The Restaurant Group, owner of the Frankie & Benny’s and Wagamama chains, plans to close 35 of its worst-performing sites, as it comes under pressure from activist investors.
It has also announced a new three-year plan to increase operating margins from 8.3 per cent to 11.8 per cent, but chief executive Andy Hornby told the Financial Times the move “really isn’t” a concession to Oasis Management, a Hong Kong hedge fund that owns a 6.5 per cent stake.
TRG has clashed with Oasis in recent weeks, after the fund’s request for a board seat was rejected. People close to Oasis said the fund had also suggested TRG could offload its Brunning & Price pub chain for a valuation of £250mn, and would push for Hornby to leave if he failed to improve performance.
A second activist fund, Irenic Capital Management, also built a position in TRG last year and has been in contact with the company. Irenic has not filed a disclosure yet, indicating it holds less than 3 per cent of voting rights in the company. TRG management will meet Oasis in the coming days.
Shares in the London-listed group fell 15 per cent to 38p during early afternoon trading, after it denied speculation that it would announce an immediate asset sale. But Hornby did not rule out changing tack, saying: “No CEO is ever going to say an asset isn’t for sale, but clearly . . . the only logic of selling it will be if it is worth massively more to somebody else, and they’re prepared to pay for it.”
Hornby stressed that he was not unnerved by the pressure from the activist funds. “I’m nerved by making sure I run the business properly . . . If I don’t deliver on some of these promises that I’ve laid out, I will have an issue.”
The presence of Irenic on the shareholder register adds to pressure on TRG. The New York-based firm has previously been active in situations including the proposed merger between Rupert Murdoch’s News Corp and Fox businesses.
“I genuinely am comfortable taking input from all shareholders,” said Hornby. He added that there was “no doubt” that the “broad shareholder base” was supportive of his strategy.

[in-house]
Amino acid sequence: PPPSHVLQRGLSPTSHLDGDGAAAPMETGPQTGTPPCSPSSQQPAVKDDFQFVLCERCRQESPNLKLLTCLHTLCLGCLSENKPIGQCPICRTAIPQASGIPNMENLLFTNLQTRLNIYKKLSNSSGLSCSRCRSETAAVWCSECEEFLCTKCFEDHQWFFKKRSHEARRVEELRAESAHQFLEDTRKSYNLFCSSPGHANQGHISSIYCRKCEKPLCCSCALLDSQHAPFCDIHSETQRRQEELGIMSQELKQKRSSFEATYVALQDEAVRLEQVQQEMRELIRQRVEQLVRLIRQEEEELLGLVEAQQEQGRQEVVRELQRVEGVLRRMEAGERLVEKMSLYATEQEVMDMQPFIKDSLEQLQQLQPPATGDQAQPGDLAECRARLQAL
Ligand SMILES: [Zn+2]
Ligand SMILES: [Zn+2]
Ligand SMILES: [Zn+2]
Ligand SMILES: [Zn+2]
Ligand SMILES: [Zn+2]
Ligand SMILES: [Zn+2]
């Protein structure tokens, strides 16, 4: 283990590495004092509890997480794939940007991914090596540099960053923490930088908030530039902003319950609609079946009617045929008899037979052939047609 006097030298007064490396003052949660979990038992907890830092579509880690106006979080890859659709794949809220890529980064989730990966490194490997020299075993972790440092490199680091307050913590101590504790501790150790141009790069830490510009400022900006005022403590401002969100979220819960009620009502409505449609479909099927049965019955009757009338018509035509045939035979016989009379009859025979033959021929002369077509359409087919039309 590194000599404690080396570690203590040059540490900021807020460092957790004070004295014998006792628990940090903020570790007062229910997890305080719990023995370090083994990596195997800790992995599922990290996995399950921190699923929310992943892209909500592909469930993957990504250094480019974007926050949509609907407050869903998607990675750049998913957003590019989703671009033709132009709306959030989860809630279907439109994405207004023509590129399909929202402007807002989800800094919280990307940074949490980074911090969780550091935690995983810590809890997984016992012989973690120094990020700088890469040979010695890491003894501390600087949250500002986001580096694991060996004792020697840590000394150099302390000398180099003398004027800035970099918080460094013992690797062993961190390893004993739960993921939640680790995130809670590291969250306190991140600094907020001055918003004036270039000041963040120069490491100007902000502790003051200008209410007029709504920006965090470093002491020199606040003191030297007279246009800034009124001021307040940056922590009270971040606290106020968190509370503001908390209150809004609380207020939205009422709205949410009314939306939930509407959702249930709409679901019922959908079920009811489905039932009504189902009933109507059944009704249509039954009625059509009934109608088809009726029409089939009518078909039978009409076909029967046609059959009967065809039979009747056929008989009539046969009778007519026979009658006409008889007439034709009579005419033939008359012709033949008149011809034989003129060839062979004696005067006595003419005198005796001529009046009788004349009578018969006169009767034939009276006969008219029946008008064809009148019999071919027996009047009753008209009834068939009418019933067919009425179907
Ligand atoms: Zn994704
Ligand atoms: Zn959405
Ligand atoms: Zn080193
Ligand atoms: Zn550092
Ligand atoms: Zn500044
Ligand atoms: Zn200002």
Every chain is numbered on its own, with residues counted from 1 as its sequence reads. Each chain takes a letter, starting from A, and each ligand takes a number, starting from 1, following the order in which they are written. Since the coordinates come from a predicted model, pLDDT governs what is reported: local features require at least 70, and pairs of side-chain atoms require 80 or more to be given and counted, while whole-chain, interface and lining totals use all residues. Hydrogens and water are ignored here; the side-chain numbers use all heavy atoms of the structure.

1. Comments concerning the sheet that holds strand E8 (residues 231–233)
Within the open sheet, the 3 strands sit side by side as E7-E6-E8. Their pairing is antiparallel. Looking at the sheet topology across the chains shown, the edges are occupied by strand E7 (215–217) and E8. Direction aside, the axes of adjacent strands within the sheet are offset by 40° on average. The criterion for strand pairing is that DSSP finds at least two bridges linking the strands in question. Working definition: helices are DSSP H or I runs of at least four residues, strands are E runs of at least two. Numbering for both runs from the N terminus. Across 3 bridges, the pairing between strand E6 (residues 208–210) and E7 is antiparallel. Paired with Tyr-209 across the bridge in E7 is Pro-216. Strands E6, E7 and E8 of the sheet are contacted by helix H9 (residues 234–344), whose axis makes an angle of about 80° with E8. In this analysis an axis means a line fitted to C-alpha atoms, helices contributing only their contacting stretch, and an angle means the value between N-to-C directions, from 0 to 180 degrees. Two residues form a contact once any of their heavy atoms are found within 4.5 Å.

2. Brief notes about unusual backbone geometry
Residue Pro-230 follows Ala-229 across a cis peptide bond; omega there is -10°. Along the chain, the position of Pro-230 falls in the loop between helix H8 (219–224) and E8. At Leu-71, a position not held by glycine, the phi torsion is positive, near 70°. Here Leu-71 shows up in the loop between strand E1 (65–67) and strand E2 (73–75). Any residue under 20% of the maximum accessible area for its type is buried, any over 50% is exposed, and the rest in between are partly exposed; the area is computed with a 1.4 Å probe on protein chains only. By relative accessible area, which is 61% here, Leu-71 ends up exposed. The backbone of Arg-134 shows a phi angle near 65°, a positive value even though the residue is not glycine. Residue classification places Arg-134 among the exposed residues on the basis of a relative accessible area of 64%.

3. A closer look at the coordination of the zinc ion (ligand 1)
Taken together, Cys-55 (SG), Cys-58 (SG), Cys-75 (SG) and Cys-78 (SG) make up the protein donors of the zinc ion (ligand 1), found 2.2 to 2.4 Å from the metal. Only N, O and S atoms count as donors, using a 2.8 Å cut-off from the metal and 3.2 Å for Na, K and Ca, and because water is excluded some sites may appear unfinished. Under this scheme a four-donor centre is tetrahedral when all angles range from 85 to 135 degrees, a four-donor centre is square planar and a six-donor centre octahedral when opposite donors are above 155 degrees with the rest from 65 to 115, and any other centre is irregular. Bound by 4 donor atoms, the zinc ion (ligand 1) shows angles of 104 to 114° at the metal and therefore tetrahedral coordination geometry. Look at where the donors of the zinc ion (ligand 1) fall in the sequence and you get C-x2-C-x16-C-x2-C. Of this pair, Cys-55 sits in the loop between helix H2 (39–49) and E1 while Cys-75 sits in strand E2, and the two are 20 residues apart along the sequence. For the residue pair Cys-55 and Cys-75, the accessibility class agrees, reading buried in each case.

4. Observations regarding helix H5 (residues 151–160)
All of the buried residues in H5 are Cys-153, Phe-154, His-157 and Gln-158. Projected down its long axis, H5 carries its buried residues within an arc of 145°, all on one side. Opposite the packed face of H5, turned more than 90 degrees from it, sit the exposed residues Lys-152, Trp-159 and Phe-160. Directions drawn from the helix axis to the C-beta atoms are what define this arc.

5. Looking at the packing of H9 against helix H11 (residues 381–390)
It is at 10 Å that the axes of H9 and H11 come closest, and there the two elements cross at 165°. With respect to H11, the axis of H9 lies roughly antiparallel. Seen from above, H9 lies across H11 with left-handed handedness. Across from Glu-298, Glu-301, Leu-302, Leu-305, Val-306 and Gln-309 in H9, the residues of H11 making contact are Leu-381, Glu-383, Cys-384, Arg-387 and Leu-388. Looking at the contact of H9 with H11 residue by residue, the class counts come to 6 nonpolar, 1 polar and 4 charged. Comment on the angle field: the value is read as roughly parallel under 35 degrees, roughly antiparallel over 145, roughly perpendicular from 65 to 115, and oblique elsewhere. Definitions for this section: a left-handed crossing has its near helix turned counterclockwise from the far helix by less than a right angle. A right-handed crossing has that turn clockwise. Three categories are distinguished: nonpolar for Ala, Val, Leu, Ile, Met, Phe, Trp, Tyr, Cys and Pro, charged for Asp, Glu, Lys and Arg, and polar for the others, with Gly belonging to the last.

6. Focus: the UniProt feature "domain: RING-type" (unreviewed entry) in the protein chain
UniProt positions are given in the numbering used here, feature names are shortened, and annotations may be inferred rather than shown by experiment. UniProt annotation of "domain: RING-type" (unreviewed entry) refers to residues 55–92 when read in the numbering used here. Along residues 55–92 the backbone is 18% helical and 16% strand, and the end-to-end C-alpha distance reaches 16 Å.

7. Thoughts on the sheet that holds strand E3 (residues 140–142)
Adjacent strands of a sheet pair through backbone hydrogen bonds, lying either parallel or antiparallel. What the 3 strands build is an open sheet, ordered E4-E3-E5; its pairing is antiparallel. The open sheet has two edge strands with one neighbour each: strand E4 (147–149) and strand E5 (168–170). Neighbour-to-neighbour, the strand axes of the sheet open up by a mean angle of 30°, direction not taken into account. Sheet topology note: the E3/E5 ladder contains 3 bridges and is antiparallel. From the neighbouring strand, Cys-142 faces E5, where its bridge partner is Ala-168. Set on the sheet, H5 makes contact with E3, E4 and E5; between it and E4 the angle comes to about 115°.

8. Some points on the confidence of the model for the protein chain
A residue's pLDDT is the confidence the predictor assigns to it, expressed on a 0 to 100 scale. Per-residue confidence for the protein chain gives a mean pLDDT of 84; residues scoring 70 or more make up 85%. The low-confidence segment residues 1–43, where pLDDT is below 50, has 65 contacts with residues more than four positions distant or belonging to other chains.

TRG’s share price had risen 30 per cent since mid-February when Oasis went public with its views, before sliding on Wednesday. Hornby said he was “not giving credit” to the activist investors for the stock’s improving performance.
Instead, he argued the improvement was because investors anticipated “promising” full-year earnings despite signs that customers were cutting spending at TRG’s cheaper restaurants.
TRG said VAT-adjusted like-for-like sales in the eight weeks to the end of February rose 16 per cent in Wagamama restaurants, 14 per cent in its pubs division and 2 per cent at its leisure venues.
Most closures will fall on the Frankie & Benny’s and Chiquito chains, and will happen over the next two years as leases run out. Hornby said this would help TRG bring down its £185mn debt pile, which has been costly to service.
Total sales at TRG last year increased nearly 39 per cent year-on-year to £883mn, with adjusted earnings before interest, tax, depreciation and amortisation edging up from £81.2mn in 2021 to £83mn last year. But TRG posted a statutory pre-tax loss following a non-cash impairment charge “due to significant inflationary and cost-of-living pressures in the near term”, the company said.